Tax exemption for Main Street apartment complex in Battle Ground receives approval


After months of appearances on meeting agendas, the Battle Ground City Council finally approved a property tax exemption program for a planned development featuring hundreds of apartments and commercial space.

During its Feb. 6 meeting, the city council voted unanimously to approve an ordinance to add a multi-family tax exemption (MFTE) program to city code. The program is specifically for a development known as “West Main Commons,” an $85 million project that features 220 market-rate apartments ranging from studio to two-bedroom units. The project also includes 36,000 square feet of commercial space on the project’s north end. The development would be located to the east of Battle Ground’s Best Western hotel.

The project area was approved by the council during its Jan. 17 meeting. The exemption, allowed under state law, would allow for abatement on property taxes on the residential portion of the property. It would not affect the commercial property or the land value itself prior to development.

The city council began conversations on the exemption in June. It was discussed at eight meetings, which focused on the requirements for the exemption and where it would be applied.

For the approved exemption, the development must make 10% of its units “affordable.” Affordability is defined in code as rent that does not exceed 30% of a household’s monthly income based on 80% of adjusted median income for Clark County.

The city approved a development agreement with Deacon Development, which is building West Main Commons, in September. The following month, the city discussed the potential of expanding multi-family tax exemptions to other parts of the city, specifically the East Main Street core.

Other municipalities are using the MFTE program to incentivize downtown revitalization, Battle Ground City Manager Erin Erdman said at an Oct. 3 meeting. 

“If we have downtown businesses that are looking to refurbish, maybe build from the ground up, you’re incentivizing them to put the housing on top, essentially; maybe a little bit better development on the bottom,” Erdman said.

Councilor Adrian Cortes was initially in favor of including the downtown core.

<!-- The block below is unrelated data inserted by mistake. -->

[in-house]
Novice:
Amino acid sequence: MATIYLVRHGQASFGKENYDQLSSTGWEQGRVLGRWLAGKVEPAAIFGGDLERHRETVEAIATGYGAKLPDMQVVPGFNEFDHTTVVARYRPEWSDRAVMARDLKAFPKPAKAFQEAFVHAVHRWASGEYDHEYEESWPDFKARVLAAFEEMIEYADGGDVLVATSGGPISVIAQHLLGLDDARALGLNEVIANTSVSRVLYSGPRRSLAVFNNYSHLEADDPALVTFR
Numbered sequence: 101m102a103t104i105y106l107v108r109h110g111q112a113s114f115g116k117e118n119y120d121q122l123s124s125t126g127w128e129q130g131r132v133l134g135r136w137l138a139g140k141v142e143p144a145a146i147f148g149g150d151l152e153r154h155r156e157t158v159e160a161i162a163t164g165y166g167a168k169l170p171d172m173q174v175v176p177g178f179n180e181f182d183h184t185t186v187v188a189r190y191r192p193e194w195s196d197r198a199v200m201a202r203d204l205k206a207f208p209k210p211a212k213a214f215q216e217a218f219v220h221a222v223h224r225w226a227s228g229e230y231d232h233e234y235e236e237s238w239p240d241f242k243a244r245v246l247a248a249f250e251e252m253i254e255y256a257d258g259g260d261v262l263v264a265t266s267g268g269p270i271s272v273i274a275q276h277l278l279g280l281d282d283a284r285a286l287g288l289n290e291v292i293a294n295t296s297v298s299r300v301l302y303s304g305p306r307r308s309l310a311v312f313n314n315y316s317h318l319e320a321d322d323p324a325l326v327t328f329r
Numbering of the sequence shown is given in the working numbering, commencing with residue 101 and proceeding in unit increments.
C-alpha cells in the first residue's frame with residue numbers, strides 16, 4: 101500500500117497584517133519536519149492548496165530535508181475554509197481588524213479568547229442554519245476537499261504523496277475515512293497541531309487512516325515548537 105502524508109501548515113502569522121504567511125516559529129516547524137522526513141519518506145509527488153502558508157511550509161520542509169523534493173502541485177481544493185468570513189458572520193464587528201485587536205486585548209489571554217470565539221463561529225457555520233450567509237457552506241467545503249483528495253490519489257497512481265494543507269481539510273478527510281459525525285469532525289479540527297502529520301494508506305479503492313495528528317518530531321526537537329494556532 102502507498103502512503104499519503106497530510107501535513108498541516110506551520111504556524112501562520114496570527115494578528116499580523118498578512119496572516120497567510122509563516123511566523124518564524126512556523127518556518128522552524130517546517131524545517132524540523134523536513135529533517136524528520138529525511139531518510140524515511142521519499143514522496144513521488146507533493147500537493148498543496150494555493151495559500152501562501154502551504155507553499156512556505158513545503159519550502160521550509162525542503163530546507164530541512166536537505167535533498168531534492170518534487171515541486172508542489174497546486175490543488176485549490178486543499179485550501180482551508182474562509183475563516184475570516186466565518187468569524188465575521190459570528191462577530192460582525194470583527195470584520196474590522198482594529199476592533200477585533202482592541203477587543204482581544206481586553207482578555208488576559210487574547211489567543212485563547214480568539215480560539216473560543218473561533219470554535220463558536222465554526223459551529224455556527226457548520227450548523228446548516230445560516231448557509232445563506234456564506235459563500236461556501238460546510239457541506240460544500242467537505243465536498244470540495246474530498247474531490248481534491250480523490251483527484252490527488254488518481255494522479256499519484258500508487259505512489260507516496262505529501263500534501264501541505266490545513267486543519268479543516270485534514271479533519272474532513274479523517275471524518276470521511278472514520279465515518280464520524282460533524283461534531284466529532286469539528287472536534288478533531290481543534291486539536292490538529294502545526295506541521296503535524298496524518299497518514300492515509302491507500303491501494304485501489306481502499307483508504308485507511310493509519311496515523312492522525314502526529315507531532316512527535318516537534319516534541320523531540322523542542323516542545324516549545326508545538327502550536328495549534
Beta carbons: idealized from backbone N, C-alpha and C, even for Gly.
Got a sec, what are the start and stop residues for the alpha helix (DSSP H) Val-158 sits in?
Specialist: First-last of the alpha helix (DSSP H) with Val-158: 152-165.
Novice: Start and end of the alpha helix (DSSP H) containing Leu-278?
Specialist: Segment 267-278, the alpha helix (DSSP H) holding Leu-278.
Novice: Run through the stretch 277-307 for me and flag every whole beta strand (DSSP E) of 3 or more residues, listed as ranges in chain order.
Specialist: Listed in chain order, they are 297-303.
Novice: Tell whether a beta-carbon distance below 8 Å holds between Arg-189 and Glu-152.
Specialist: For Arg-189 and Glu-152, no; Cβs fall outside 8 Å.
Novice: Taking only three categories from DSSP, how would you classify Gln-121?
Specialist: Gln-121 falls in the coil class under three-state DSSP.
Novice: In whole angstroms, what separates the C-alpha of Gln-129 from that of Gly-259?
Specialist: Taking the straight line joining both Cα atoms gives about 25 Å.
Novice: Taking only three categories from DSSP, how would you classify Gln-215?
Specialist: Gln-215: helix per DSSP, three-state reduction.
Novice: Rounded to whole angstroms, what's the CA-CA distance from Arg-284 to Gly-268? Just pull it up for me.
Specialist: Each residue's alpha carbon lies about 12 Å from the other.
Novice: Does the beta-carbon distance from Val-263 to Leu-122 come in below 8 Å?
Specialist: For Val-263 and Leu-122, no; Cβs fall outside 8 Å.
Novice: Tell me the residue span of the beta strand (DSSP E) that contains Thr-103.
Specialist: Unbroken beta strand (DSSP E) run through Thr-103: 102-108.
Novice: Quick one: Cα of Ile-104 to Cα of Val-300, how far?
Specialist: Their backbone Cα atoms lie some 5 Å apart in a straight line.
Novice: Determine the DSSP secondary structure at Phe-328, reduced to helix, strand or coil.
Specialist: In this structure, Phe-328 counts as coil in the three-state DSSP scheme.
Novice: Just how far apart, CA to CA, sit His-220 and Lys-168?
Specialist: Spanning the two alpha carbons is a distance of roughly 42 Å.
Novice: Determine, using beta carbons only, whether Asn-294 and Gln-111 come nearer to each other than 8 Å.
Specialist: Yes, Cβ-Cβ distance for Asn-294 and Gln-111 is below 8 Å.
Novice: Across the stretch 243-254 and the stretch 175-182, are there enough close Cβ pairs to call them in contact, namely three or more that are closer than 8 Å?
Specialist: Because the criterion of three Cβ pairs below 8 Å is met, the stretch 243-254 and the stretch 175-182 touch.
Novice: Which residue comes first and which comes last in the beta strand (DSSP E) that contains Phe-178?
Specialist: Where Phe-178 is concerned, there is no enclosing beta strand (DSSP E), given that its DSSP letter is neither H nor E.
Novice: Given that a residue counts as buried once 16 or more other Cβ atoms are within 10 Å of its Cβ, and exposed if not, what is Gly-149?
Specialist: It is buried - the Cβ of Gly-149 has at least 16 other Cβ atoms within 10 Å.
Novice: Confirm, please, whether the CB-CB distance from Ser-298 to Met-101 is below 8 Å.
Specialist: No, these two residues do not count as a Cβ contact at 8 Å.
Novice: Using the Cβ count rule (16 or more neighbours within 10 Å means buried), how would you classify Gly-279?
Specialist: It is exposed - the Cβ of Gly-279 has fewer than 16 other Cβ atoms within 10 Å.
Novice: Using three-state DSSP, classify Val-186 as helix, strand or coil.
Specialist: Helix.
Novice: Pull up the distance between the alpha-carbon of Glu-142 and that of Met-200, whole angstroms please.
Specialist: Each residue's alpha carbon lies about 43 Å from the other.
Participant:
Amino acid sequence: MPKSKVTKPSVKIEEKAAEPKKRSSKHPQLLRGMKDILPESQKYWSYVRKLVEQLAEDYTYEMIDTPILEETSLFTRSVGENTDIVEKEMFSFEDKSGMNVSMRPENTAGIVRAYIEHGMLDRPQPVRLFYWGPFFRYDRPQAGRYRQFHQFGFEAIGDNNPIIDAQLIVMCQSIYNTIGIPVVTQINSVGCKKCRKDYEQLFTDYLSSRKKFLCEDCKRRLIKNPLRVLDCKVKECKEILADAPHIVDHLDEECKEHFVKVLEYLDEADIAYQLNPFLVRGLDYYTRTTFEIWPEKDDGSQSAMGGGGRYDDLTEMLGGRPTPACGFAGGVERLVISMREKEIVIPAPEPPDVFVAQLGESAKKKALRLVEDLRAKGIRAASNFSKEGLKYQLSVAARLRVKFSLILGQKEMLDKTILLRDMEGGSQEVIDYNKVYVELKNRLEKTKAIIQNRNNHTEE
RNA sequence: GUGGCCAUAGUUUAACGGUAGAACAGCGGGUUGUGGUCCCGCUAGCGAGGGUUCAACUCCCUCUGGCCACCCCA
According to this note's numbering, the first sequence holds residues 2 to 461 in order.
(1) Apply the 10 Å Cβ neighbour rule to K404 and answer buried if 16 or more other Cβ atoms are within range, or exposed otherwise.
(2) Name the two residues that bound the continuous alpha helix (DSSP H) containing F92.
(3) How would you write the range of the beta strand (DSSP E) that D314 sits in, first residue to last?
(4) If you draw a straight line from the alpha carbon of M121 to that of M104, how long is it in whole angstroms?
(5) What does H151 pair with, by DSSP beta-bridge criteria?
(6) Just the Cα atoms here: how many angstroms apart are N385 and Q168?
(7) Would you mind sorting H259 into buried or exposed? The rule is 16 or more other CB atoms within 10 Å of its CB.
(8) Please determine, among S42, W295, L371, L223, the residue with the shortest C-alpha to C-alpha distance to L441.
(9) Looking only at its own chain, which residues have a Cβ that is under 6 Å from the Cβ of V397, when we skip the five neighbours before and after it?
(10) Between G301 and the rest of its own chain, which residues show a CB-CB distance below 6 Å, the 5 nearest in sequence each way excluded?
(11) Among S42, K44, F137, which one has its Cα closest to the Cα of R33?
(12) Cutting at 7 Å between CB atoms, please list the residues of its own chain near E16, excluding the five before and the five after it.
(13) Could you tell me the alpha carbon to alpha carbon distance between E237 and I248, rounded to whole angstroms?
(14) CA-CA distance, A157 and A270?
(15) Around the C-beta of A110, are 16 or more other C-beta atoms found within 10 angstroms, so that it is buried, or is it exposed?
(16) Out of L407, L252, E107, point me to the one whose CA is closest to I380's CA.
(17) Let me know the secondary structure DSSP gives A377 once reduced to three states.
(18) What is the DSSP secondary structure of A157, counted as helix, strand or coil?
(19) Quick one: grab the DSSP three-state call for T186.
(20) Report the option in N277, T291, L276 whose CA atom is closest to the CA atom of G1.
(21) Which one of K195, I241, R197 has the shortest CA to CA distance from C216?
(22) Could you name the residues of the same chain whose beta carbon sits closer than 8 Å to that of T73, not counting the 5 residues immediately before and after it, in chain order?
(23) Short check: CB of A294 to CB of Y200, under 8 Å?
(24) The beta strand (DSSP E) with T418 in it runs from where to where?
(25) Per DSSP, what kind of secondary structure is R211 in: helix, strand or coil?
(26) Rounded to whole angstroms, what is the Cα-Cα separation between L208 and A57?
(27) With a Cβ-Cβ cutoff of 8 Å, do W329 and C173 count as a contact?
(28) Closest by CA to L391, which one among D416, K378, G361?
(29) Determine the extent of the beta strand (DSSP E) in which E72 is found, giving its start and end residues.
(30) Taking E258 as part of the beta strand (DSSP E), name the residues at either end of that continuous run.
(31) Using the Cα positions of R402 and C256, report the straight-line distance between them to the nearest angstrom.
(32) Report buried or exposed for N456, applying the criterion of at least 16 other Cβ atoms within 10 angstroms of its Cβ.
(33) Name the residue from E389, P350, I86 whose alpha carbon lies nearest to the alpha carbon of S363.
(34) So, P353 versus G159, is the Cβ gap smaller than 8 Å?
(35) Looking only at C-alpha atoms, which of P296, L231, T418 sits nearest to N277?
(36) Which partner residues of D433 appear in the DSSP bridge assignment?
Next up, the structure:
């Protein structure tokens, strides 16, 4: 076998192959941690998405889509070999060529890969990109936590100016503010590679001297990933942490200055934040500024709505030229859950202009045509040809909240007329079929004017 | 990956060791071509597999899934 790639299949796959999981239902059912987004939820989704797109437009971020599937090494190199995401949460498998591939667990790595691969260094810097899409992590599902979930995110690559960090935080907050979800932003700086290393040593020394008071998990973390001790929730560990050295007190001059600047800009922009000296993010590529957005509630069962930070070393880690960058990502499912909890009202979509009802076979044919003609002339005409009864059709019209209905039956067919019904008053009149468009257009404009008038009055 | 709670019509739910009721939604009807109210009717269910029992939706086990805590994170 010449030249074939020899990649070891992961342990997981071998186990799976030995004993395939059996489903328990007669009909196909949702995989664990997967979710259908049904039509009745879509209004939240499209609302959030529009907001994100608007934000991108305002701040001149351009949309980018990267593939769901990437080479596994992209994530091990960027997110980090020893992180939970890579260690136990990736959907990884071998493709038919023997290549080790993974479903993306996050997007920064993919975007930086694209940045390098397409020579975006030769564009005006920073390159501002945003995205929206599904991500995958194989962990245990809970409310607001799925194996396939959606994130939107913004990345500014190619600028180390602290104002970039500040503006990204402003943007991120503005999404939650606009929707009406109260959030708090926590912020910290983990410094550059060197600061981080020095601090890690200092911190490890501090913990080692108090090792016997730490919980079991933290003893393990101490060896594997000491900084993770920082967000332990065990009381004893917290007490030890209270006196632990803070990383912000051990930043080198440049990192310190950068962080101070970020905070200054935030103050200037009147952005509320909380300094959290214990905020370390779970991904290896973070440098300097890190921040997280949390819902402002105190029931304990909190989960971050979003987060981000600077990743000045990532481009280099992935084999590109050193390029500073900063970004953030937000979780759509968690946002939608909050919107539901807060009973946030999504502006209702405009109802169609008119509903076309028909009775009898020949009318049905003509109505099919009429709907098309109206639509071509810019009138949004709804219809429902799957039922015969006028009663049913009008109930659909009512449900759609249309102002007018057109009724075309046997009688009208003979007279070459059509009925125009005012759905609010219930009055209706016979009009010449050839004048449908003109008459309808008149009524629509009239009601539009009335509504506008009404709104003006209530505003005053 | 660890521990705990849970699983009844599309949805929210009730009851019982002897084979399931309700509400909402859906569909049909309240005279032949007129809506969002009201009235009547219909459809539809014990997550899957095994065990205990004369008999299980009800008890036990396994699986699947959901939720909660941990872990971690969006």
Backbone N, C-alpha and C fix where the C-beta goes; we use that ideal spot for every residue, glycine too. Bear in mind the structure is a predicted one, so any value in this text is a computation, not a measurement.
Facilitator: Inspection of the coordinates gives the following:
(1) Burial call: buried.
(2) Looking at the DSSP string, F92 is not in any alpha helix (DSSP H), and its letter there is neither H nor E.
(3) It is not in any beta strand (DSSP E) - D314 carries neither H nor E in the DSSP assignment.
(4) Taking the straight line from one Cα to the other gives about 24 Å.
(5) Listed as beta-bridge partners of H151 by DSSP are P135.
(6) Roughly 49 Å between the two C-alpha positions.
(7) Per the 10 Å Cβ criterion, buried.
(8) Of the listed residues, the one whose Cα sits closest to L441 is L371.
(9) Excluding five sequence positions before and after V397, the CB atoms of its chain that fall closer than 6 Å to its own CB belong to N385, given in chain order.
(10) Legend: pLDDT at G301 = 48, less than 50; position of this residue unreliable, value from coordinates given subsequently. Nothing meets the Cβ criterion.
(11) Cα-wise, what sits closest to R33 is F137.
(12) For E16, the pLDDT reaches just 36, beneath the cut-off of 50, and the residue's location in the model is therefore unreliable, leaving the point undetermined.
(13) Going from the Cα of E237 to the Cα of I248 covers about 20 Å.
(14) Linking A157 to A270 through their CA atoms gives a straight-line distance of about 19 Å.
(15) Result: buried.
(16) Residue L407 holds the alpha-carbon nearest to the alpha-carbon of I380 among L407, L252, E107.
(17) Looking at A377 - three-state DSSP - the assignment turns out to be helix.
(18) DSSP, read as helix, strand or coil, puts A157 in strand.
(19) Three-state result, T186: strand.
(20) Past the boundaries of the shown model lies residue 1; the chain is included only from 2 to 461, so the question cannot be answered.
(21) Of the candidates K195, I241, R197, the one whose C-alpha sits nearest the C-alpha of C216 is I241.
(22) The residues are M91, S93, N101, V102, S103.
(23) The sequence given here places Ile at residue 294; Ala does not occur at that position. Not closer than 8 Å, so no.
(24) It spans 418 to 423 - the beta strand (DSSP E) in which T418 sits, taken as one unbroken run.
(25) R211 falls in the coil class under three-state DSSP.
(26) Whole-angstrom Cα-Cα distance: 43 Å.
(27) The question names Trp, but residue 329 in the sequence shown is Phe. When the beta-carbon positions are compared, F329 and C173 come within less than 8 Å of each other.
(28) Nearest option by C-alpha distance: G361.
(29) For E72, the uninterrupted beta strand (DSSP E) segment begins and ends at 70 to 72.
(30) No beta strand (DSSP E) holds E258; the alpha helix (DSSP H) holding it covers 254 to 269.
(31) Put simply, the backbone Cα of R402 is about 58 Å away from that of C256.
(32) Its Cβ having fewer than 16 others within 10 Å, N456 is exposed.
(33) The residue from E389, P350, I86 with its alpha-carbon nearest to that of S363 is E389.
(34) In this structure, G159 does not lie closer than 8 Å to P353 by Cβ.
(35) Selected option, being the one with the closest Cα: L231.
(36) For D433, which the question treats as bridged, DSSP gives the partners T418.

“You’re not going to have every single one of these lots be jumping for this tax exemption program,” Cortes said. 

He added that it only takes the redevelopment of one property with the exemption to raise property values along the Main Street corridor.

Erdman noted the exemption requires four or more housing units. With the way a number of parcels are laid out, would-be developers wouldn’t be able to use the exemption.

She also noted there would not be any developments of the scale of West Main Commons on East Main Street.

“You’re not going to have high-volume multifamily down in this corridor,” Erdman said.

At the time, Erdman also brought forth a potential “market rate” exemption where in lieu of having a proportion of affordable units, a development would include enhancements like additional parking, improved infrastructure and open space to qualify.

A month later, the decision to include the Main Street core in the exemption and the market rate option was dropped through consensus of the council.

At the council’s Nov. 7 meeting, councilor Troy McCoy said he wanted to wait before a Main Street revitalization plan was completed.

“Not doing something now doesn’t stop us from changing it later or adding in different zones,” McCoy said.

He said the impacts of West Main Commons could be used to inform any future moves the council takes on the exemption.

“Let’s see how it rolls out, see what … issues come up,” McCoy said. “Maybe no issues come up.”

Two weeks later, the exemption was back under discussion, this time due to a potential procedural issue. Through legal review, city staff learned the council had to approve a resolution before it set public hearings. They then would approve the exemption area and changes to city code.